2 - The Michigan Daily - Tuesday, November 11, 1997 NATIONIWORLD
U.S. seeks consequences against Iraq
UNITED NATIONS (AP) - The United States
asked the U.N. Security Council yesterday to condemn
Iraq and threaten it with "serious consequences"
unless Baghdad backs down from its refusal to coop-
erate with Americans on U.N. weapons inspection
Despite the harsh words, the United States appeared
more interested in preserving council unity than pun-
Russian Ambassador Sergey Lavrov said his gov-
ernment opposes "any threat or use of force" in the
crisis and indicated Iraq's complaints needed to be
The U.S. envoy to the United Nations, Bill
Richardson, said the United States opposes Iraq's
request for a Security Council hearing to air its griev-
ances. Iraqi Deputy Prime Minister Tariq Aziz, who
made the request, wants to argue Baghdad's case that
the Americans are manipulating the U.N. inspection
Arriving for the private council meeting,
Richardson said he would ask the 15-member body to
adopt a "strong resolution" to condemn Iraq, demand
full compliance with U.N. orders, impose a travel ban
on Iraqi officials who interfere with inspections and
warn of "serious consequences to follow."
Richardson said if the council refuses, "all bets are
go, all options are open."
Significantly, council diplomats, speaking on con-
dition of anonymity, said the American proposal did
not declare that Iraq had breached the 1991 Gulf War
cease-fire - a condition for military action to force
It appeared the U.S. priority was to get all 15 coun-
cil members to state for the record that what Iraq did
was illegal rather than push for punishing measures or
The council meeting ended after about 2 1/2 hours
and there was no indication when a vote would be
taken. U.N. officials said they expected it by midweek.
The diplomatic sources said France argued that
Baghdad should be given more time to comply with
U.N. orders before the council adopts punitive measures.
They said U.S. and British diplomats were working
last night on a draft resolution. Faced with Russian
and French objections, the final draft was expected to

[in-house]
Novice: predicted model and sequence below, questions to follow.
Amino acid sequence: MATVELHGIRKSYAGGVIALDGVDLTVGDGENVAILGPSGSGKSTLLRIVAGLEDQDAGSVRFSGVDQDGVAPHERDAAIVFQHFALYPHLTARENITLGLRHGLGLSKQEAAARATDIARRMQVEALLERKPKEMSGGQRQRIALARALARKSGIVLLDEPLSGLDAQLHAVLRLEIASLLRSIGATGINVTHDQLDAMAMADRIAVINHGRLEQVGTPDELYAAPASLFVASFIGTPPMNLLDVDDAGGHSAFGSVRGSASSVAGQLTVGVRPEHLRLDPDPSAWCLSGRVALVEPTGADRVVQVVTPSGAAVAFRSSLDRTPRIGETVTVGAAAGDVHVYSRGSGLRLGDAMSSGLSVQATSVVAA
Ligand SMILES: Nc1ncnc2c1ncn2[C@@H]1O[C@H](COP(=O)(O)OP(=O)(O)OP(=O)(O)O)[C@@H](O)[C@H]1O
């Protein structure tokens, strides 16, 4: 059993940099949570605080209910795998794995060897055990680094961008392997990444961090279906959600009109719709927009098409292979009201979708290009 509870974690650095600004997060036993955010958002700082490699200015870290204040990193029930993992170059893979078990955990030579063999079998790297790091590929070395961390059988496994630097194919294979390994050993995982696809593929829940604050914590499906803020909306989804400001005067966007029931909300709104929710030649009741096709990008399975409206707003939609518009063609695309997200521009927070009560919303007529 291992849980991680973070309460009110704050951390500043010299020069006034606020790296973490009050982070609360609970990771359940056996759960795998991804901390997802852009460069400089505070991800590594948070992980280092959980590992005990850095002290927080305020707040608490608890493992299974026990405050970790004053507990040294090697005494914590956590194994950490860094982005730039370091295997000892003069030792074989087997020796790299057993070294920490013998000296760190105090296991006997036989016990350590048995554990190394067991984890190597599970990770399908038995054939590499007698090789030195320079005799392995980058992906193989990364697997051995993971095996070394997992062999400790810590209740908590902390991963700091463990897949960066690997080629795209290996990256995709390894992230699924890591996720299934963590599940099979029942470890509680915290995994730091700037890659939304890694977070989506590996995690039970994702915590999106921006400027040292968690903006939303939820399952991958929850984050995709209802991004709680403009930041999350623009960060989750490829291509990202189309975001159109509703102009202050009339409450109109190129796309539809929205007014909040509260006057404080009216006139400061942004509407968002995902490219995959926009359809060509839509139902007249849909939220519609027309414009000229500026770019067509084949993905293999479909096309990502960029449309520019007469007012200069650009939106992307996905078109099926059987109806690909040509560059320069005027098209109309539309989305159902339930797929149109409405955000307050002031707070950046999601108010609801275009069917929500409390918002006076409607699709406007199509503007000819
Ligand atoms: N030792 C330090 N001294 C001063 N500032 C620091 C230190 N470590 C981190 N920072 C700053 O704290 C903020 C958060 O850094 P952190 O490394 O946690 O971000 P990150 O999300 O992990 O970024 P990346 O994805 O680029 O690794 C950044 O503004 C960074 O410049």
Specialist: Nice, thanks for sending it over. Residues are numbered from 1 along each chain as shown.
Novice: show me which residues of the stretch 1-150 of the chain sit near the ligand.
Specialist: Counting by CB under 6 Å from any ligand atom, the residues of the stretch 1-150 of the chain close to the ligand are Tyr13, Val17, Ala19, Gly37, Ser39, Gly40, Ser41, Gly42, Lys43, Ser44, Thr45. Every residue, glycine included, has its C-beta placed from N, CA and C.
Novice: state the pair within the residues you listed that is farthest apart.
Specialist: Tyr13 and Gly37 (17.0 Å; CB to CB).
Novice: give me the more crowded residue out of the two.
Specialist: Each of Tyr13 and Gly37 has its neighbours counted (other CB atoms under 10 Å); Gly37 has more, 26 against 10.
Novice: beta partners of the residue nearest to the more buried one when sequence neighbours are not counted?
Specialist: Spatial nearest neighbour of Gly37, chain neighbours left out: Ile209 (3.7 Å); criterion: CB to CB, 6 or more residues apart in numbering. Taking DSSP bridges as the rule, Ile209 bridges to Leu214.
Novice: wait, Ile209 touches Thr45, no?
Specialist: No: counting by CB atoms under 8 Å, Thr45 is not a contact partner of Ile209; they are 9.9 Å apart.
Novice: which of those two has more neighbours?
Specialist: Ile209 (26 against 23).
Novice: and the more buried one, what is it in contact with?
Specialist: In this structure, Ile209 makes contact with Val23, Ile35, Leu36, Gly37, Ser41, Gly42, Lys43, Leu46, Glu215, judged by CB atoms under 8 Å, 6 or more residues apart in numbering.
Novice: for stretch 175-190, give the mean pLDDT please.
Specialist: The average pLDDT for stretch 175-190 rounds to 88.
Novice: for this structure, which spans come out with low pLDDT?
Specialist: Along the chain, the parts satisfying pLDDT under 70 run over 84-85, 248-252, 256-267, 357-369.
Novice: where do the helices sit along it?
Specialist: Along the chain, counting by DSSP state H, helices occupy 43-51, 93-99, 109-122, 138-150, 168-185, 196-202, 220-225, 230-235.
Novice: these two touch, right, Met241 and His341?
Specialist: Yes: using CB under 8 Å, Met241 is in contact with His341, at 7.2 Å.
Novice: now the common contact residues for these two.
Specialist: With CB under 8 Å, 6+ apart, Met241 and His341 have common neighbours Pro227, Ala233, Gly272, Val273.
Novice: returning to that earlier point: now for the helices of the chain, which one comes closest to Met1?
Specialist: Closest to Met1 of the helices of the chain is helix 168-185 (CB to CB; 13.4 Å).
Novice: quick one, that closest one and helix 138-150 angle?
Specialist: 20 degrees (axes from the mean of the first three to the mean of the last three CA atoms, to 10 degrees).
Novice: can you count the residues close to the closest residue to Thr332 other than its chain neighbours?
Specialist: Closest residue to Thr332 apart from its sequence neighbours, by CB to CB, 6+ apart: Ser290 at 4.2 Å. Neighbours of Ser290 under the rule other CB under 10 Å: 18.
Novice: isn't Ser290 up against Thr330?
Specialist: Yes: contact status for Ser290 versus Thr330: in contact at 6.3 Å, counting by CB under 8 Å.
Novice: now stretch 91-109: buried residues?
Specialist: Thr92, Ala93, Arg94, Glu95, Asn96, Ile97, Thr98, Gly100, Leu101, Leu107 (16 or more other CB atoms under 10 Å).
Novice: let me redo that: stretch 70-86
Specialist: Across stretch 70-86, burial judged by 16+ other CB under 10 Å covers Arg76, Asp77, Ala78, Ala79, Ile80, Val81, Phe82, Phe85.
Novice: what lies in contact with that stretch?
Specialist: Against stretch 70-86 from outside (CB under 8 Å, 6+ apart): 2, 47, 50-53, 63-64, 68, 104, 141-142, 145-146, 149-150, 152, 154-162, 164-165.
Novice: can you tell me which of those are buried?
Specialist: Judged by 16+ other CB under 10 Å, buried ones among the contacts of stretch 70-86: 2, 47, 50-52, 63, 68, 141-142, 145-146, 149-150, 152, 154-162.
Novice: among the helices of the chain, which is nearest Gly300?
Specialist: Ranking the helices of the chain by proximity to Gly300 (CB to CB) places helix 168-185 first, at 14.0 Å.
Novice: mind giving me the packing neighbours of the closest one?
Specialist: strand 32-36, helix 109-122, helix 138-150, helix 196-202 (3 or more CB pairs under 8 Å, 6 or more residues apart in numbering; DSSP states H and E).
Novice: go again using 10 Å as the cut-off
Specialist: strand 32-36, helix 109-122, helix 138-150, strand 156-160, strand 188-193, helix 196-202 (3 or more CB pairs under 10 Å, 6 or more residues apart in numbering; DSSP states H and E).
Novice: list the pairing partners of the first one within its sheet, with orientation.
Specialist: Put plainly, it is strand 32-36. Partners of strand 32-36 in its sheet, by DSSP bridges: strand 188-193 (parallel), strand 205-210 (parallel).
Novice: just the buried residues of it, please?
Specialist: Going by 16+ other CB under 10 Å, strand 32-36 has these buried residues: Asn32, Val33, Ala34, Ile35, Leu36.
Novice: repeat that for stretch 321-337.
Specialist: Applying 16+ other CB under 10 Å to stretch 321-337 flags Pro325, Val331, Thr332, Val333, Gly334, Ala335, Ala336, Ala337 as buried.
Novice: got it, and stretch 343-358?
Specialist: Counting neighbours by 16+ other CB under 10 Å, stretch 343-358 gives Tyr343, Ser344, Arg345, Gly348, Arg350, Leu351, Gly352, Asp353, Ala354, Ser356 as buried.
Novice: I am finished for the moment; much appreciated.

soften the warning from "serious consequences" to
Washington is furious at Iraq for refusing to coop-
erate with American weapons inspectors and threaten-
ing to fire on U.S.-piloted U-2 surveillance planes fly-
ing U.N. missions.
France, China and Russia have joined with
Washington in demanding that President Saddam
Hussein rescind his decision to expel the six American
inspectors from Iraq.
A U.S.-British proposal imposing an automatic
travel ban failed last month to gain support of five of
the 15 council members. But U.S. and British officials
were hopeful they would change their minds.
Before the council session, Aziz said Iraq wanted a
reduction in the number of Americans in the U.N.
Special Commission on Iraq. Iraq also wants a
timetable for ending the inspections and lifting eco-
nomic sanctions imposed after Iraq's 1990 invasion of
Kuwait, which led to the 1991 Persian Gulf War.
so AROUND THE NATIO'
Dems urge change in trade bills
WASHINGTON - Victorious over their own president, House Democratic
leaders urged the White House yesterday to rewrite unpopular trade legislation to
give greater protections to workers and the environment.
"I stand ready ... to work with the president to shape a new trade policy, oneIhat
addresses worker rights, food safety, consumer protection and the environment;,
said Democratic Whip David Bonior at a joint news conference with the pa's
House leader, Missouri Rep. Dick Gephardt.
They spoke after Clinton, choosing retreat over defeat, announced he was shelv-
ing plans to seek passage this year of legislation designed to ease the way for future
free trade agreements.
"This is not dead," the president insisted, although he conceded that had
it come to a vote late Sunday in the House, as planned, there was a "sub-
stantial chance" of failure. By all counts, scarcely more than 40 of the more
than 200 Democrats in the House had committed to supporting the measure